The headline act during my last visit to Raglan’s Wood had been a herd of White-tailed Deer that allowed me to pass within a few feet of them. The bird watching on that occasion had been very poor and Blogger had threatened to move my account from the ‘Birds’ section to ‘Outdoors General’ as a result.
This time the deer were gone, but there were more birds as well as some nice odonata and a big surprise. I entered the woods from Tyspring St. American Robins were very obvious with plenty of young birds still staying close to the adults. A Pileated Woodpecker was concentrating its attentions around the base of a tree and stayed low on each new trunk it visited. An Eastern Towhee called with its variable trill.
This was the show-stopper for me today and I spent quite a while with it before moving on. I also found three shed skins in the vicinity which makes me think that they must be common around here. The Northern Watersnake is non-venomous, but can be aggressive and bite just the same. It also gives off a bad-smelling musk when provoked. It is quite similar to the dangerous Copperhead pit viper, so give it a wide berth to be on the safe side.
Close to the edge, Eastern Amberwing, Perithemis tenera, shared the airspace with an Eastern Pondhawk, Erythemis simplicicollis while a large dark dragonfly eluded identification further from the bank.
The reeds held Familiar Bluet, Enallagma civile, which were lining up to be photographed and a damaged female Blue Dasher who had somehow lost one wing and crumpled another.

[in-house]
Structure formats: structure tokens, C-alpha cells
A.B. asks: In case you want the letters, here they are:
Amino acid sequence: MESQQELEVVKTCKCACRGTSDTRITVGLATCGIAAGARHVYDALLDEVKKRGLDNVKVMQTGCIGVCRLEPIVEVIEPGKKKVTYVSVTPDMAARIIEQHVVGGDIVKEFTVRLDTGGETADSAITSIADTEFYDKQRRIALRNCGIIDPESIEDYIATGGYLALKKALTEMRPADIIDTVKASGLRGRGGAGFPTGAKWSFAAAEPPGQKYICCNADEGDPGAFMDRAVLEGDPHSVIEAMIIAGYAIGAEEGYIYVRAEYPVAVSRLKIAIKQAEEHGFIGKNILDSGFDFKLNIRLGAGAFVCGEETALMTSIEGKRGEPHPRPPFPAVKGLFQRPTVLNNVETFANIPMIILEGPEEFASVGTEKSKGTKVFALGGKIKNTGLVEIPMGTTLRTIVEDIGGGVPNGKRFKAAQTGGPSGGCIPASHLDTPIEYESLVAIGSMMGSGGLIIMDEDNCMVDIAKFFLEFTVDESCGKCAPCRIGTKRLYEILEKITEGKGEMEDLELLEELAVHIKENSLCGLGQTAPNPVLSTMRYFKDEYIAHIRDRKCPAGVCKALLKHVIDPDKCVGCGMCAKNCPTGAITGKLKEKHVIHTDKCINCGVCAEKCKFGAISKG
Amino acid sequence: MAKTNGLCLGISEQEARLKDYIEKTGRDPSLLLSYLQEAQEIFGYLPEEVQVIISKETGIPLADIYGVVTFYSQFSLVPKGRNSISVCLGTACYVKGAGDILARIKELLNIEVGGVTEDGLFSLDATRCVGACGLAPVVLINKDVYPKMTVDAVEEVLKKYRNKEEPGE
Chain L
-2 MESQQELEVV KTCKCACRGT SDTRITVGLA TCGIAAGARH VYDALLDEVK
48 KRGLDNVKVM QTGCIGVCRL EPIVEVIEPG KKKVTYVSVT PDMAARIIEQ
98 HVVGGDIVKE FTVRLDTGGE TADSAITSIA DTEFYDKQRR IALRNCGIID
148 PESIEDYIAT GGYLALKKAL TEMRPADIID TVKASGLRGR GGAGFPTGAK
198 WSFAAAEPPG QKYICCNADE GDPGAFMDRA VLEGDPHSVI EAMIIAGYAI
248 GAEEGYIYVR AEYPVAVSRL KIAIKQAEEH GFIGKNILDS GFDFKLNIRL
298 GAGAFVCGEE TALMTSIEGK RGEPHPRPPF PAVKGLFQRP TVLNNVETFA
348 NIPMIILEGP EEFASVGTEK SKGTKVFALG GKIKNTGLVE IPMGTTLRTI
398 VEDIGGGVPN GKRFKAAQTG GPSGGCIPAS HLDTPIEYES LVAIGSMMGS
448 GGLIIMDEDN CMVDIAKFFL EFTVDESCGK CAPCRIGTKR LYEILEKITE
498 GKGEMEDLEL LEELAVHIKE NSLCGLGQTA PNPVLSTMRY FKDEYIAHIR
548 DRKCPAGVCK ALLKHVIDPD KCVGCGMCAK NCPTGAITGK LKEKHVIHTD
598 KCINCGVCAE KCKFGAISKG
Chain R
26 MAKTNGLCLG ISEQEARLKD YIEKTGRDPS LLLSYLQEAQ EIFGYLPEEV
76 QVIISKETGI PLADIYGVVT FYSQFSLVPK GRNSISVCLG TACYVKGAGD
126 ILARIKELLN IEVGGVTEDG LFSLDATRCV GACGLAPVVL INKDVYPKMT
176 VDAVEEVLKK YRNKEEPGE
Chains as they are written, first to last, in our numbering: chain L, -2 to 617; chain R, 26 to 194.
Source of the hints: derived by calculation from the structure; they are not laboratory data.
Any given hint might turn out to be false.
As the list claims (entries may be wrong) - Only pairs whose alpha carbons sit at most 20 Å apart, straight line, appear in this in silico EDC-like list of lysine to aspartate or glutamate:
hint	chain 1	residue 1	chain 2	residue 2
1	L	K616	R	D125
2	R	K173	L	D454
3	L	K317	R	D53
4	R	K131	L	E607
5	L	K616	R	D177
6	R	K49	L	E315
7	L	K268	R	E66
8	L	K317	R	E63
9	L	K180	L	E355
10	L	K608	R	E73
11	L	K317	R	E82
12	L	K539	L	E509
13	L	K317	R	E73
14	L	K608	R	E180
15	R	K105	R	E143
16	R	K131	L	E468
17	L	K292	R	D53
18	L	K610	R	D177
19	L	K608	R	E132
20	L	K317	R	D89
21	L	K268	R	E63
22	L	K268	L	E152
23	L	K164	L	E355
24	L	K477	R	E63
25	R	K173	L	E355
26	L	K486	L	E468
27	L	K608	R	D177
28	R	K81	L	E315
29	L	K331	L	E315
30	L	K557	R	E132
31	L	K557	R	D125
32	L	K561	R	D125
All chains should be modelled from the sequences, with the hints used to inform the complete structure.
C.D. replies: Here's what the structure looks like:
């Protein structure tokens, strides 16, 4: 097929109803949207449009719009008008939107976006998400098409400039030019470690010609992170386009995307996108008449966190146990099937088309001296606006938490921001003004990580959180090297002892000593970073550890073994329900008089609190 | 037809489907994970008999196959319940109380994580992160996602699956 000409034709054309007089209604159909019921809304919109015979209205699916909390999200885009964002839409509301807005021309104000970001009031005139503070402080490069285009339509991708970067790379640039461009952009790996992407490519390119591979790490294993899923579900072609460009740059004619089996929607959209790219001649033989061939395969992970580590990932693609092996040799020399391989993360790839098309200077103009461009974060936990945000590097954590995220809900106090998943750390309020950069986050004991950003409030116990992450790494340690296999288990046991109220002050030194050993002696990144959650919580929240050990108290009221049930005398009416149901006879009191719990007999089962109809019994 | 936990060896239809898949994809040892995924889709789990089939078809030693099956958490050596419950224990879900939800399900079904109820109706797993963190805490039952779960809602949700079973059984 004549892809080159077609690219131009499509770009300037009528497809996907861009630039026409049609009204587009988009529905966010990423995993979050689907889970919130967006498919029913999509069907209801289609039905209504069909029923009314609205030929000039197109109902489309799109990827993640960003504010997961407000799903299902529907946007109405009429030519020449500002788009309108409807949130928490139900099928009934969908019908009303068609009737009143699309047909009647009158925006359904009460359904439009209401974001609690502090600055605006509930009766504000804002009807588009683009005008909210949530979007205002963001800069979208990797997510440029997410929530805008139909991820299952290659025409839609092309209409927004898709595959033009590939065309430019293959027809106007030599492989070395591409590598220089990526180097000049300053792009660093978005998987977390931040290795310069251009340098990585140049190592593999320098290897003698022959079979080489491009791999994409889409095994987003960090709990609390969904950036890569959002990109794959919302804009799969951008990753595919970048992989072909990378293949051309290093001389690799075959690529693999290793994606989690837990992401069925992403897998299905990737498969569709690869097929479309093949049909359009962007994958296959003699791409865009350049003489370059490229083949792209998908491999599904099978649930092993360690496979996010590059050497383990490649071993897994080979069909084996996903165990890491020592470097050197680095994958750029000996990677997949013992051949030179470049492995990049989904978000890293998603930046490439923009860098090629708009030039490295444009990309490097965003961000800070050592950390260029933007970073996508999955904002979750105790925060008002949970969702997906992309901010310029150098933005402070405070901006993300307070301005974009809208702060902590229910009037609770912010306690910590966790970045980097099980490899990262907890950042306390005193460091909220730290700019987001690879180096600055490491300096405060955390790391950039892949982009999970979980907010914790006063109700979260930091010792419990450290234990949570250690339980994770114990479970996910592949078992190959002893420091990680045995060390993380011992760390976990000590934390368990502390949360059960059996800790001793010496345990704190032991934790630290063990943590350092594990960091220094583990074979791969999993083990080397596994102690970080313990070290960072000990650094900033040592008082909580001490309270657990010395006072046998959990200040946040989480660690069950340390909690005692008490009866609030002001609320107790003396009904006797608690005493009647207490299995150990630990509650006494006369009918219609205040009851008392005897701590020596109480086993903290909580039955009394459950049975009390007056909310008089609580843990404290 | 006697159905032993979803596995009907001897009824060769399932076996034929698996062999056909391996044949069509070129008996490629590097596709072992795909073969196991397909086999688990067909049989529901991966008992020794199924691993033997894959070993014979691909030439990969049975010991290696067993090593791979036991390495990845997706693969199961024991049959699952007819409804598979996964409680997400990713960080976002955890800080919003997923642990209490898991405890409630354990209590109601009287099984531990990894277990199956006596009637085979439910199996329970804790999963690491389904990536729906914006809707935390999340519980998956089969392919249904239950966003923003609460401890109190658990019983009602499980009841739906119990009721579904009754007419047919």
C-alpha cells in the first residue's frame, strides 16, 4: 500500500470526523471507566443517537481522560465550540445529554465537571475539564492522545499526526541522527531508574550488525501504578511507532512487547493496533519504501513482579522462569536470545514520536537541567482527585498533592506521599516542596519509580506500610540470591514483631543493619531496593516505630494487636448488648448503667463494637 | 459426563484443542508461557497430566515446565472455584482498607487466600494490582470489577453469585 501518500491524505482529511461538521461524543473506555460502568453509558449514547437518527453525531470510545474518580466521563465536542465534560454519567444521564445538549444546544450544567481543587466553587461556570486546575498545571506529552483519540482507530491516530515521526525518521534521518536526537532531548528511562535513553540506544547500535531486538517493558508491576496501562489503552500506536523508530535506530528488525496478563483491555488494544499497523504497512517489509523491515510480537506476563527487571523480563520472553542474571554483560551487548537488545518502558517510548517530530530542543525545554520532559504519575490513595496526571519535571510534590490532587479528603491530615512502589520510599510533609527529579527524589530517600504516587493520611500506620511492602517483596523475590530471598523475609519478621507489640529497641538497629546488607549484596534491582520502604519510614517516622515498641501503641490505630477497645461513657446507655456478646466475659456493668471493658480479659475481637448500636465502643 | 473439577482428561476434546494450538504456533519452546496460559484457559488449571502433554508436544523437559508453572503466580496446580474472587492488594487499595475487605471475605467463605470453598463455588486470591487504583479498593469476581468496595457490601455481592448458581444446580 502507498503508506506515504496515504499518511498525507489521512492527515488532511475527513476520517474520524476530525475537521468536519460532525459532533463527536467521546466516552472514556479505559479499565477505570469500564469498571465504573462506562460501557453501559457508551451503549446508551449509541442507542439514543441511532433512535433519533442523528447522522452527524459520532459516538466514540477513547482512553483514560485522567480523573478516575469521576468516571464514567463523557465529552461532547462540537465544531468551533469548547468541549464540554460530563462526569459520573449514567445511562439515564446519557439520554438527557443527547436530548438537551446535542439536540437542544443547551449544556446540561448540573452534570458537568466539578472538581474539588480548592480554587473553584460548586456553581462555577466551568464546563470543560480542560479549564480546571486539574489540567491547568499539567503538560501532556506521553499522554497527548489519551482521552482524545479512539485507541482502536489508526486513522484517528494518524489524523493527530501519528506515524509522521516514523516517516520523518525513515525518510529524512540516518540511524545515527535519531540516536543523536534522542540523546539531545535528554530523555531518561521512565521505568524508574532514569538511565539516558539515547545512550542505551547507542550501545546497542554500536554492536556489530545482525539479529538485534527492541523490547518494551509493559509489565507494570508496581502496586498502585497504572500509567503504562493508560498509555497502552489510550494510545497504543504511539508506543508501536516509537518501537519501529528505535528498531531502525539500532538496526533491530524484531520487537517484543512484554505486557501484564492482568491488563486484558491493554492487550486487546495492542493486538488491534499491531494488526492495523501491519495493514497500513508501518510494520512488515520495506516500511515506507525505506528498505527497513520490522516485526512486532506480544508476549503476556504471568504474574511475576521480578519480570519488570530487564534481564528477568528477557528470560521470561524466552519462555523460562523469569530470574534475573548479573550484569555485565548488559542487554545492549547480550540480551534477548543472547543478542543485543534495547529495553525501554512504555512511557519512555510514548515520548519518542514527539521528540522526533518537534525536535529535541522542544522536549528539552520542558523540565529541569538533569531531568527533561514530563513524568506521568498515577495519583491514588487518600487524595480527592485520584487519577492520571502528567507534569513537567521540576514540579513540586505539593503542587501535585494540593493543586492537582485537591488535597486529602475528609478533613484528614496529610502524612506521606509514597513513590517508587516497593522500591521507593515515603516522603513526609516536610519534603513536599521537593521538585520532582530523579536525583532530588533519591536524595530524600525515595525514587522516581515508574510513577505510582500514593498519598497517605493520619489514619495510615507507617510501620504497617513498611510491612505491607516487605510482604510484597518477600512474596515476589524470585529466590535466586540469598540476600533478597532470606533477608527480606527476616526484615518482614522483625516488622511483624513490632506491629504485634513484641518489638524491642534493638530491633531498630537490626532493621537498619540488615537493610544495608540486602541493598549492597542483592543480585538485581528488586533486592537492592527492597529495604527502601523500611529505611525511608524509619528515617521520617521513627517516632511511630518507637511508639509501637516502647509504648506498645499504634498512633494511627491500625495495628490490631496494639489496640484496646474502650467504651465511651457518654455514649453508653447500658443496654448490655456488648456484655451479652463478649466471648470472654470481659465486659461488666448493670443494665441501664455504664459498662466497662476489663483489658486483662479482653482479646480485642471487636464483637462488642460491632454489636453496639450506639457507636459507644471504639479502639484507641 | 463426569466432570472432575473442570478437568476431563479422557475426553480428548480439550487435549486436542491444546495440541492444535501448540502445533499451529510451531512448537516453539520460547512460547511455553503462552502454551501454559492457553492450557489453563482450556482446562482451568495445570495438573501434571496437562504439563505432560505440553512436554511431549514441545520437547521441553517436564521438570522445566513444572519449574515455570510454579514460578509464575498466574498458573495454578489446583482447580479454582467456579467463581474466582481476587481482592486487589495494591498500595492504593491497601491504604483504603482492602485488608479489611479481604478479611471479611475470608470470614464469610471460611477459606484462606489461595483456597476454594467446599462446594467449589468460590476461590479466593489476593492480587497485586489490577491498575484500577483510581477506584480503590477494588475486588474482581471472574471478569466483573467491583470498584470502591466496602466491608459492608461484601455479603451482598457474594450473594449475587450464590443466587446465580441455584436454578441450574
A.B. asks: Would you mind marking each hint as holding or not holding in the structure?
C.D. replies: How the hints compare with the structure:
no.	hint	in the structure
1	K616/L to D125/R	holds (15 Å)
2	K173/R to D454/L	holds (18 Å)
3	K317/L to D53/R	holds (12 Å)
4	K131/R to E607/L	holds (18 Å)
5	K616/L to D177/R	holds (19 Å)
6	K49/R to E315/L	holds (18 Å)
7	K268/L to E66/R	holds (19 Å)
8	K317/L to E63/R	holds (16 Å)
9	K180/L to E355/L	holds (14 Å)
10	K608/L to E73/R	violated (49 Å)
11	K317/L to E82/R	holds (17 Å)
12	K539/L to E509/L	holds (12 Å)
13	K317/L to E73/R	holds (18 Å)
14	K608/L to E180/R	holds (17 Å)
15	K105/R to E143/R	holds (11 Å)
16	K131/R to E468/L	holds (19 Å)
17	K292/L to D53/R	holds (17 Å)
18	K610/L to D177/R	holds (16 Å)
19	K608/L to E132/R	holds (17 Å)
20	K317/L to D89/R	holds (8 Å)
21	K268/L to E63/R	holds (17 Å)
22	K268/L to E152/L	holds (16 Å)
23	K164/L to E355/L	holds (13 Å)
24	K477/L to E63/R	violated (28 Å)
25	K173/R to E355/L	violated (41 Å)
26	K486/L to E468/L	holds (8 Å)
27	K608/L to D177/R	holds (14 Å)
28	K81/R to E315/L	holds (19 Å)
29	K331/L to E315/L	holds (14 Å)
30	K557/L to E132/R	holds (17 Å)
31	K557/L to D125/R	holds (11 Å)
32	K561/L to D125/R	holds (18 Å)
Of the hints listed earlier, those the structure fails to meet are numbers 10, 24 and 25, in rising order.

A Green Heron “squarked” as it came in to land, just along the bank. It wheeled suddenly when it saw me and eventually landed further up. It kept its eye on the skies rather than me, but I couldn’t see what it was watching for.
The journey home retraced my steps across the stream and through the woods. Downy Woodpeckers put in an appearance on the large trunks and a female Northern Cardinal looked out from her foragings, looking fresher-faced than the male from earlier.
Birds seen; 22
Green Heron 1, Turkey Vulture 1, Black Vulture 1, Red-shouldered Hawk 3, Mourning Dove 2, Chimney Swift 4, Red-bellied Woodpecker 1, Downy Woodpecker 2, Northern Flicker 2, Pileated Woodpecker 1, Eastern Wood-pewwee 1, Eastern Phoebe 2, Carolina Wren 2, Grey Catbird 2, American Robin 35, Tufted Titmouse 4, Blue Jay 2, American Crow 12, Common Starling 15, House Sparrow 6, House Finch 3, Northern Cardinal 2.
Odonata seen; 5
Directions for Raglan’s Wood can be found from the previous post.
Other posts from this destination can be found at the links below;
Visit the dedicated USA and Canada page for other posts from the region.